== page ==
Located in Kaʻalaiki, Kaʻū, ʻImakakāloa Heiau is one of the few documented hula heiau in the pae ʻāina of Hawaiʻi.  Little is known of the practices and protocol used at heiau hula. The Edith Kanakaʻole Foundation is conducting research in this area in collaboration with hula practitioners, other cultural practitioners, the community, Office of Hawaiian Affairs, the University of Hawaiʻi at Hilo Heritage Management Program, Hawaiʻi Tourism Authority, and private land owners in the area.


  • To mālama this heiau in perpetuity
  • To complete a cultural heritage study
  • To design a preservation plan for this heiau
  • To restore the heiau to be utilized in hula practice by 2018
  • To research and design hula protocol
  • To teach protocol to practitioners and community
  • To study alignments with other heiau and puʻu
  • To inspire similar initiatives throughout  Hawaiʻi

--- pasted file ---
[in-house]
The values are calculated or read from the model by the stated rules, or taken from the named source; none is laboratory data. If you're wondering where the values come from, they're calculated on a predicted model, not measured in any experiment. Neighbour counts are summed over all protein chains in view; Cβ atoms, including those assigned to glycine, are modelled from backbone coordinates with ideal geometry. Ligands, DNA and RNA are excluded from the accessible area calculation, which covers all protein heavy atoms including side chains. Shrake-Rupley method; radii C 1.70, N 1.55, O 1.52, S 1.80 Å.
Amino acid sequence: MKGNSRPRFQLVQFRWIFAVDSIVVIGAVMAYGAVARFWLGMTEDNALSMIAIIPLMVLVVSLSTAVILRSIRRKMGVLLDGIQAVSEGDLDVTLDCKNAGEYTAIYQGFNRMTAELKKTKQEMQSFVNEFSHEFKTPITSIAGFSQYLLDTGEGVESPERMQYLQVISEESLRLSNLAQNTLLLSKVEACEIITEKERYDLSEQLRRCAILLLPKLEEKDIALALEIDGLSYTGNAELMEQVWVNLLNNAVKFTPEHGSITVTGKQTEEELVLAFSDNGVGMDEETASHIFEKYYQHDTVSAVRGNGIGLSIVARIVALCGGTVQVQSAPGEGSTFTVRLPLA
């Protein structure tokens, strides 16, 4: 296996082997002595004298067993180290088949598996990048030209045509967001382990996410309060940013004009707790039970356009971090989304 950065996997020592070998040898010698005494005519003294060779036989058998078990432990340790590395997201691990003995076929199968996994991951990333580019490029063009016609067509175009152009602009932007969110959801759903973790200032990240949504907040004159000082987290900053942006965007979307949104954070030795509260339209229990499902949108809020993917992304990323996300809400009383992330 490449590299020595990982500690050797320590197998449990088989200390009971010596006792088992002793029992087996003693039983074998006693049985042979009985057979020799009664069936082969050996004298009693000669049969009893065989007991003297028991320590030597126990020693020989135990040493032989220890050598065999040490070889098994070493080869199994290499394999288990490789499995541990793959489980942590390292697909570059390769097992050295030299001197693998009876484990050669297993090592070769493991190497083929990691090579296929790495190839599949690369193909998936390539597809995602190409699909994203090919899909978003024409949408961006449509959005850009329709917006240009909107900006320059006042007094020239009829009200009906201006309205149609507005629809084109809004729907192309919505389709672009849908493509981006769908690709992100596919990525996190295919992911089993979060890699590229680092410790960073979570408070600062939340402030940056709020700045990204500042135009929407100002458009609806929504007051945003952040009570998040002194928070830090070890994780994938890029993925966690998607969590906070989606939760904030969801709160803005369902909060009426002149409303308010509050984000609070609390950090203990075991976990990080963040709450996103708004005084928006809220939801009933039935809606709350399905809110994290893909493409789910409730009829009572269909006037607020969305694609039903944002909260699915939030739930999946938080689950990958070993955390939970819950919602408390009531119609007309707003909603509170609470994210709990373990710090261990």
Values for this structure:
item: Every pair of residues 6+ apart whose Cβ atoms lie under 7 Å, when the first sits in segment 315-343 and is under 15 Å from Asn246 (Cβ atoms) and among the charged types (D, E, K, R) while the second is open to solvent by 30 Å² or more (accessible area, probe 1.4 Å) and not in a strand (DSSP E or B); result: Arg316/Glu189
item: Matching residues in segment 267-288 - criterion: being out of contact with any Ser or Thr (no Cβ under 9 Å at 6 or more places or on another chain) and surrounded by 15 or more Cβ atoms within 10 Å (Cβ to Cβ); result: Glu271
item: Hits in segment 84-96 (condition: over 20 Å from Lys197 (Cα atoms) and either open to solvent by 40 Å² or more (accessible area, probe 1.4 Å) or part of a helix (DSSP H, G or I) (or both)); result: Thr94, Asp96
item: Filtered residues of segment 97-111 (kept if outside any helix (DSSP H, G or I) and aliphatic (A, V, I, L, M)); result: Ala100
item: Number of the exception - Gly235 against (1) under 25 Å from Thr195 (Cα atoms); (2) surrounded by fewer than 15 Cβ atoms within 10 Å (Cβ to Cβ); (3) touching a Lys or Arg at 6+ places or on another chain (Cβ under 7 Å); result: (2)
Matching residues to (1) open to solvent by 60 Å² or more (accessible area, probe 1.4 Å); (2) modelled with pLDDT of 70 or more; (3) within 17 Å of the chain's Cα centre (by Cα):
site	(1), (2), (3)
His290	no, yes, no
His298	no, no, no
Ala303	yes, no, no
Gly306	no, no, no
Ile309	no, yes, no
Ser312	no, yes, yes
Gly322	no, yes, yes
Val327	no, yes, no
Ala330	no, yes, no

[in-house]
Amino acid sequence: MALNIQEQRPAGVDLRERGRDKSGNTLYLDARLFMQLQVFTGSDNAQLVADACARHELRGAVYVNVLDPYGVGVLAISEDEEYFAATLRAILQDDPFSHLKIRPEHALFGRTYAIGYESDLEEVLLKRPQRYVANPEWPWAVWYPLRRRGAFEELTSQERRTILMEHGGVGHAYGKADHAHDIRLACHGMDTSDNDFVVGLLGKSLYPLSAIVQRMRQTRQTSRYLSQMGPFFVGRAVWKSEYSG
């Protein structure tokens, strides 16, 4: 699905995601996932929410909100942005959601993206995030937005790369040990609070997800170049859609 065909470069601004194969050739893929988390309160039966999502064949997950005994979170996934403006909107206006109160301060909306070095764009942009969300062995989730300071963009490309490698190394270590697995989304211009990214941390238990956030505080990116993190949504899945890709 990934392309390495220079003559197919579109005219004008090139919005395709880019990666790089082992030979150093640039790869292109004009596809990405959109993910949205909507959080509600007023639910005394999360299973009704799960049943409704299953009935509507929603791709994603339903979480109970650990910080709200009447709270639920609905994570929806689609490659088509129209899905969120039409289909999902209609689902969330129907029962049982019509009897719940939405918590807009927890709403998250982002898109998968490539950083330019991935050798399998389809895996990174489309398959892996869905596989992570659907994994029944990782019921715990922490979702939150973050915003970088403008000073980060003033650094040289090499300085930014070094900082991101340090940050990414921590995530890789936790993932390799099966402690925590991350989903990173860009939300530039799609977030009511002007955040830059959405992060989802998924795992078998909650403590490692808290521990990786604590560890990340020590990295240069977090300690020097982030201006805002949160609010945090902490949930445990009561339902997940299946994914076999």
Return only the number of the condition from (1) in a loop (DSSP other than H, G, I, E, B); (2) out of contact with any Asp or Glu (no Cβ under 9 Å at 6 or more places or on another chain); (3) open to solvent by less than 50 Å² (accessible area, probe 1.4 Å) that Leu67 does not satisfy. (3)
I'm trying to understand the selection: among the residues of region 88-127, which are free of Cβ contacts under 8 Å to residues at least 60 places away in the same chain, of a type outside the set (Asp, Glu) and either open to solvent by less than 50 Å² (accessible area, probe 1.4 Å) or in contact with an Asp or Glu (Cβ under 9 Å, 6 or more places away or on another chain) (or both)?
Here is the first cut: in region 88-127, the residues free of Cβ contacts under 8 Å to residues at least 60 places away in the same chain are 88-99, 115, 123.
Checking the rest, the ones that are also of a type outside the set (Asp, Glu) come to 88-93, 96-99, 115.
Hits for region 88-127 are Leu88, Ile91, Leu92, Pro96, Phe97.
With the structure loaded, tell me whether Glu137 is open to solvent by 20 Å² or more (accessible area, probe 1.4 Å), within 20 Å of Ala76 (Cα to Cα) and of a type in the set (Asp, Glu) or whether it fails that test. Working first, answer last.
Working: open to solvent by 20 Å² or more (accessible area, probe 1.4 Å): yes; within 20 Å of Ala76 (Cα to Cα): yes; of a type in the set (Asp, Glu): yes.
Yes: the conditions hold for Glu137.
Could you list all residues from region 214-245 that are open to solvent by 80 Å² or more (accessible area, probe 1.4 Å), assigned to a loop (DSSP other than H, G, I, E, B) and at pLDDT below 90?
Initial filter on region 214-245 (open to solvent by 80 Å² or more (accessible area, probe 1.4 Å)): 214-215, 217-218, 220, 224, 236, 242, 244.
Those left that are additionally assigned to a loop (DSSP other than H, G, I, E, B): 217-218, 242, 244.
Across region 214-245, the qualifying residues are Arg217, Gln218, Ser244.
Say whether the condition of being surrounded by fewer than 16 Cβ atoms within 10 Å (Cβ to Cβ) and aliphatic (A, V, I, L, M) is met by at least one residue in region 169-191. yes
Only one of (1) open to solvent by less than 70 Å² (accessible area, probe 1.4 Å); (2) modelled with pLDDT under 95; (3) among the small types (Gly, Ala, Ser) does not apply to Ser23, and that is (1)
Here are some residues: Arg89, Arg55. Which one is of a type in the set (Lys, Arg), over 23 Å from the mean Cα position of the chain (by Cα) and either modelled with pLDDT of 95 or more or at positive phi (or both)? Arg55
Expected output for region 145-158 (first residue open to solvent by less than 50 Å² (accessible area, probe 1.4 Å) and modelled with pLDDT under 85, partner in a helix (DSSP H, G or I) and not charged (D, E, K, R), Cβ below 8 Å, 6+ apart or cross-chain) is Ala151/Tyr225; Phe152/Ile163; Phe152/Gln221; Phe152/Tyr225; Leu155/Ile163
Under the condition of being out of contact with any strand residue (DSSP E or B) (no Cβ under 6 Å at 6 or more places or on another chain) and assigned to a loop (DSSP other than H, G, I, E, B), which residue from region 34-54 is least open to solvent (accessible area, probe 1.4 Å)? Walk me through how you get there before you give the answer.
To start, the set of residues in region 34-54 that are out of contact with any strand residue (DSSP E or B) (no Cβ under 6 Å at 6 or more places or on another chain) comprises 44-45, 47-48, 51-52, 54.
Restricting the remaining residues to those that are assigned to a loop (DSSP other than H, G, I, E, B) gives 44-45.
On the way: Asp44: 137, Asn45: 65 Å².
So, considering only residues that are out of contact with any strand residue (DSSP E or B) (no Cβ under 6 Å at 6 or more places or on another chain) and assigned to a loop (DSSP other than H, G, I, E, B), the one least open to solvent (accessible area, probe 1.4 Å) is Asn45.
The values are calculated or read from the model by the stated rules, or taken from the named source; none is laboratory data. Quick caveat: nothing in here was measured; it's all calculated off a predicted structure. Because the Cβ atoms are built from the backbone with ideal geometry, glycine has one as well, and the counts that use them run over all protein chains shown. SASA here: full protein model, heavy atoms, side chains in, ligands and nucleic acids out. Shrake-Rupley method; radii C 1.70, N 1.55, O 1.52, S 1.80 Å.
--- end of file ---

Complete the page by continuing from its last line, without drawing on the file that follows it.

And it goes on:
Three documents have been generated to move the ʻĪmakakāloa Heiau restoration project forward; a Cultural Heritage Study (CHS) of the Heiau and the two acre area surrounding it, a Preservation Plan (PP) for the restoration of the Heiau, and a Protocol Guide (PG) to help orient and prepare volunteers and visitors prior to entering the site. These three documents were a collaborative effort involving cultural practitioners, non-profit organizations, government agencies, the University of Hawaiʻi at Hilo and the Kaʻū community. The CHS documents the site as it exists today as well as compiles historical, ethnohistorical, and archaeological background of the area. The PP outlines how this site will be restored to maintain the authenticity of the site as well as to follow cultural protocol in the process. The PG is a means of disseminating proper etiquette and protocol to the masses. Within this guide, oli and mele are offered and discussed, these mele include traditional compositions as well as newly composed mele. We offer these documents for the purposes of demonstrating the steps taken in the work of mālama heiau to help other similar initiatives. We only ask that any duplication of these documents be done so with permission from the Edith Kanakaʻole Foundation and that such duplication be pono. Ola ʻĪmakakāloa!